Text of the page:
This can be a challenge for detail-oriented genealogists. Those family members around the Thanksgiving table don't always want all the details. They want to know the essence of the family.
This research adventure started with the biographical memorial booklet prepared for Elizabeth Ann Fawkner's funeral in 1952. It pointed to the Fawkner family in Arcola, Illinois. A little census sleuthing took the family back to Boone County, Missouri, where James had married Julia Ann Angell in 1862. This was pretty basic family history research, but it soon became evident that the story was not quite so simple.
- James was over 30 when he married Julia Ann. Might he have been previously married?
- Living with the family in Missouri in 1870 was Ann Sears, 21 years older than James and 34 years older than Julia. Was she related? (Remember, the census did not record family relationships until 1880).
- An affidavit in James Fawkner's Civil War pension file mentioned the funeral of a first wife in Indiana. Who was she? Were there any children?
- A probate file for James' son Fred indicated that Fred (deaf himself) had a deaf half-sister. Was she a child from the first, or other previous, marriage?
James and Julia's childrens' lives also took unexpected twists and turns.
Robert Grant moved around working for the railroad. He married a divorcee in 1895, but the couple separated before 1920 and lived hundreds of miles apart. He had no known children.
- Julia married George Watson, an Arcola man, in Colorado. They spent time in Indiana and back in Illinois, before farming in northeastern Minnesota. As was well until their son, Fred, was asphyxiated while taking a bath in his Uncle Cyrus' home and the daughter died just months after marrying.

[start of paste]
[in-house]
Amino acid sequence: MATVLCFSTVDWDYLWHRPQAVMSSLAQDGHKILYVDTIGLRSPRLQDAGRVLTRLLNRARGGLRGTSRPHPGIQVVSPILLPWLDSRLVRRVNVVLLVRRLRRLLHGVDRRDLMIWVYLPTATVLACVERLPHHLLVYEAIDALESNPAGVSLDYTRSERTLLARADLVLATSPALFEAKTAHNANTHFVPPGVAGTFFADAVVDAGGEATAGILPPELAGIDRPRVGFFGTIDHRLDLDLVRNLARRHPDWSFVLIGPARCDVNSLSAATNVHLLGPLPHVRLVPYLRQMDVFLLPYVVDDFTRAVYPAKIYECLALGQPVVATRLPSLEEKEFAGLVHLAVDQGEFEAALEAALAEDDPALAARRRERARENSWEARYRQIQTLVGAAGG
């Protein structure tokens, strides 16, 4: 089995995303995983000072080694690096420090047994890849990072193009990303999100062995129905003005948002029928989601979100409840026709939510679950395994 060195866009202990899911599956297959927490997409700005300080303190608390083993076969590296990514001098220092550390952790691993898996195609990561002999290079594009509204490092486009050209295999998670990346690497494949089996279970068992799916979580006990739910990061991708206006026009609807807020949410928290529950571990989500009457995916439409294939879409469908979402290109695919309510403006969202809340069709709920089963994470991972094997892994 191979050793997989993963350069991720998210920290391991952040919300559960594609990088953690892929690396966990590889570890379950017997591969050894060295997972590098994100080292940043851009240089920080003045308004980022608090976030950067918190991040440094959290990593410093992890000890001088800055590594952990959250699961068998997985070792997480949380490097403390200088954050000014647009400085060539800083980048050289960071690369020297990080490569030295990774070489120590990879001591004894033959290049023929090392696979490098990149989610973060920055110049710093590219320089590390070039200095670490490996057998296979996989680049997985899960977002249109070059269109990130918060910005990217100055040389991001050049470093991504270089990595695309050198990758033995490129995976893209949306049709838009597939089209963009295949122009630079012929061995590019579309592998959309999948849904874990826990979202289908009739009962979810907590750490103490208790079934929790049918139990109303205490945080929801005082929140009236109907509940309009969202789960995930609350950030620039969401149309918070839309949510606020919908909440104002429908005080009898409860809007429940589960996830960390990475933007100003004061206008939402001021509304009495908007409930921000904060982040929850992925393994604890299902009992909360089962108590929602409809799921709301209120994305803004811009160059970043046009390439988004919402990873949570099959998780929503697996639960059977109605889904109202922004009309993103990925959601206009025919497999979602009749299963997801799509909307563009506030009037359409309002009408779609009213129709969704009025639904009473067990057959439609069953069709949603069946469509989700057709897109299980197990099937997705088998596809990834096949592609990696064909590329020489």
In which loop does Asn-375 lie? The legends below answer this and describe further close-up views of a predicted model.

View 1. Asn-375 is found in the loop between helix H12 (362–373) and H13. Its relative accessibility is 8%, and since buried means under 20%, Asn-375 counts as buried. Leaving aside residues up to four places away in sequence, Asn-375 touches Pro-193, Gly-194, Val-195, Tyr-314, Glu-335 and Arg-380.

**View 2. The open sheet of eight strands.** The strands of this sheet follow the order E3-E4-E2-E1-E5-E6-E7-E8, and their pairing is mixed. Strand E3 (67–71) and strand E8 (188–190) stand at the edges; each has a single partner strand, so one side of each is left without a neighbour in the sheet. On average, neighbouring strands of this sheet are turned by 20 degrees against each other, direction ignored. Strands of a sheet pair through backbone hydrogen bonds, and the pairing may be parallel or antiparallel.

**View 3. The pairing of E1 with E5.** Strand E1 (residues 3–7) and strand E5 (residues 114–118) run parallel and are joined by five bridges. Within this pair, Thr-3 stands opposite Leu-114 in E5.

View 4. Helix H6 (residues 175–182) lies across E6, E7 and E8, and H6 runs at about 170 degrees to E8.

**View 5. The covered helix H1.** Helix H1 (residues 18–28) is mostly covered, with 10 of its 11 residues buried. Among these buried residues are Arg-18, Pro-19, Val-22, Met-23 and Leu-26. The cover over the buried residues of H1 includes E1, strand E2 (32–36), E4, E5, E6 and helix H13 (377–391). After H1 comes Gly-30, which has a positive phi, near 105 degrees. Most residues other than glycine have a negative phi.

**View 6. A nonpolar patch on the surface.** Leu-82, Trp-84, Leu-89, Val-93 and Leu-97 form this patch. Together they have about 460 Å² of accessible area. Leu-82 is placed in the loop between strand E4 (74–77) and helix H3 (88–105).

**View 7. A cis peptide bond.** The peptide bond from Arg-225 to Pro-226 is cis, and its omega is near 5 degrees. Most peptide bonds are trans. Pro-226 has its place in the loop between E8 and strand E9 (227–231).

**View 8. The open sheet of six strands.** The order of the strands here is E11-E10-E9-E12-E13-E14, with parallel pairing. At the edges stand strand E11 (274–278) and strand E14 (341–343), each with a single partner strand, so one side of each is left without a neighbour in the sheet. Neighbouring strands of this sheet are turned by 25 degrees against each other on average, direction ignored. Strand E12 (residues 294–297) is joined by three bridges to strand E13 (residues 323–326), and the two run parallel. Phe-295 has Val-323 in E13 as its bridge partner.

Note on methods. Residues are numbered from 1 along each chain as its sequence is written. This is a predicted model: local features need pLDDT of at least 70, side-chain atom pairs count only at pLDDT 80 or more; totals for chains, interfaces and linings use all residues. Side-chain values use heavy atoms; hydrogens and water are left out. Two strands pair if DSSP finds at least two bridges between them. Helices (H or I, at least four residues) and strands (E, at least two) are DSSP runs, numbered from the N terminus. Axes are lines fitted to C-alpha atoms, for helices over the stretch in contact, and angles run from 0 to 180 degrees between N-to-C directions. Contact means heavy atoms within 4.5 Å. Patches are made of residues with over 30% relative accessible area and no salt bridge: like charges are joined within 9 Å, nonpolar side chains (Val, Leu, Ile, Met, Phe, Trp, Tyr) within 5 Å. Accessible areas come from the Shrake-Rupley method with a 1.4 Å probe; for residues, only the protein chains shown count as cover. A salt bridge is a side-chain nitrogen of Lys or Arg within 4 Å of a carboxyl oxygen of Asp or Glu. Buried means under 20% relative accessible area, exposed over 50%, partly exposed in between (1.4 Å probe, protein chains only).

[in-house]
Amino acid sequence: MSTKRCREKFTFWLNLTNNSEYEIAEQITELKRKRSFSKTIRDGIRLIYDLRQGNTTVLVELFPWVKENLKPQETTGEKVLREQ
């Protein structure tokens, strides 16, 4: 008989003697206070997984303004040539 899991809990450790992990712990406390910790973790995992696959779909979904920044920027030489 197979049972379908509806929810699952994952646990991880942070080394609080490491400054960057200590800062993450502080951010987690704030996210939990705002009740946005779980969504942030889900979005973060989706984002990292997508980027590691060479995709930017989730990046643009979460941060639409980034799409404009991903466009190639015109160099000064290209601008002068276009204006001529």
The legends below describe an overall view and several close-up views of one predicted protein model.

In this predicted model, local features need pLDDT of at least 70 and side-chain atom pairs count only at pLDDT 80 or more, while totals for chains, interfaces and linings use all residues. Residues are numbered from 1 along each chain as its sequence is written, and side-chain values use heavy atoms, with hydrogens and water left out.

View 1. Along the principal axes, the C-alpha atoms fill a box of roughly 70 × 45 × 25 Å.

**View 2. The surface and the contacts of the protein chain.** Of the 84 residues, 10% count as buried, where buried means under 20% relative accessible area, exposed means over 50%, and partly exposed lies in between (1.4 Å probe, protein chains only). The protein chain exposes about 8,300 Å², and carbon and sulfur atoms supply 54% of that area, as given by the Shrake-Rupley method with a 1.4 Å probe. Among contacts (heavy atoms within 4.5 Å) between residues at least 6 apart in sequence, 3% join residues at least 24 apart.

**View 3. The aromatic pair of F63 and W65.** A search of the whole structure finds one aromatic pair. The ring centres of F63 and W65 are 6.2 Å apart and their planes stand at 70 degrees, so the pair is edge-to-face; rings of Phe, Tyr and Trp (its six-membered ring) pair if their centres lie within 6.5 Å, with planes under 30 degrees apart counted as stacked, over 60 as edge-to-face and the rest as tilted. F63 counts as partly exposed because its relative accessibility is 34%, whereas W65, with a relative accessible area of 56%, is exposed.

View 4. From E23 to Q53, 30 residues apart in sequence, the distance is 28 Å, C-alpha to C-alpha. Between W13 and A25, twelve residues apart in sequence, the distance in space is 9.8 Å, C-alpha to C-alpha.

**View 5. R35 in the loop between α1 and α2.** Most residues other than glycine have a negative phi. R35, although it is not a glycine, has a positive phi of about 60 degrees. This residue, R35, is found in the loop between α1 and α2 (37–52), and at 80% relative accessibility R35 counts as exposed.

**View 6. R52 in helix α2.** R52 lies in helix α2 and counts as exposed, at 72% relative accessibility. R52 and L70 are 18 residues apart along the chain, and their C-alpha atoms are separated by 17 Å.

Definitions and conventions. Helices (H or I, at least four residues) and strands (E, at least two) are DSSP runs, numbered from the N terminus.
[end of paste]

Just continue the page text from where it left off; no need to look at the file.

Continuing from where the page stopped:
- Cyrus attended the Illinois Institution for the Deaf and Dumb and took up barbering in Duluth, Minnesota. Having moved to Minneapolis, he endured the tragedy of his nephew's death. His marriage might also have had a few bumps -- afterall, he advertised in a Denver newspaper for an eligible young woman -- marriage intended -- in 1922.
- Elizabeth Ann married an Arcola man, Frank Ehlenbach. They were the first of the family to settle in the Duluth-Superior area. There marriage also frayed; they lived apart in 1920 and 1940 with Elizabeth stating she was a widow.
- James Henry married in Superior, Wisconsin, in 1900, but his marriage soon failed. He moved to California, remarried, and worked in a variety of sales jobs until establishing a liquor business. Census evidence suggests he also separated from his wife.
- Frederick Perkins was perhaps the star of the family. Deaf, like his brother Cyrus, he also attended the Illinois deaf school, where he learned the photography trade. He worked in studios across the eastern U.S., before dying in Virginia. He, too, late in life seems to have separated from his wife.
But, wait, you say. What about Ida and Josephine -- the daughters of James and his second wife, Elizabeth Stephens? I am going to hold their stories back for a while. When we get back to them, their lives will only reinforce the theme. Families are complicated; each person has their own story, and that story can be amusing, inspirational, or tragic.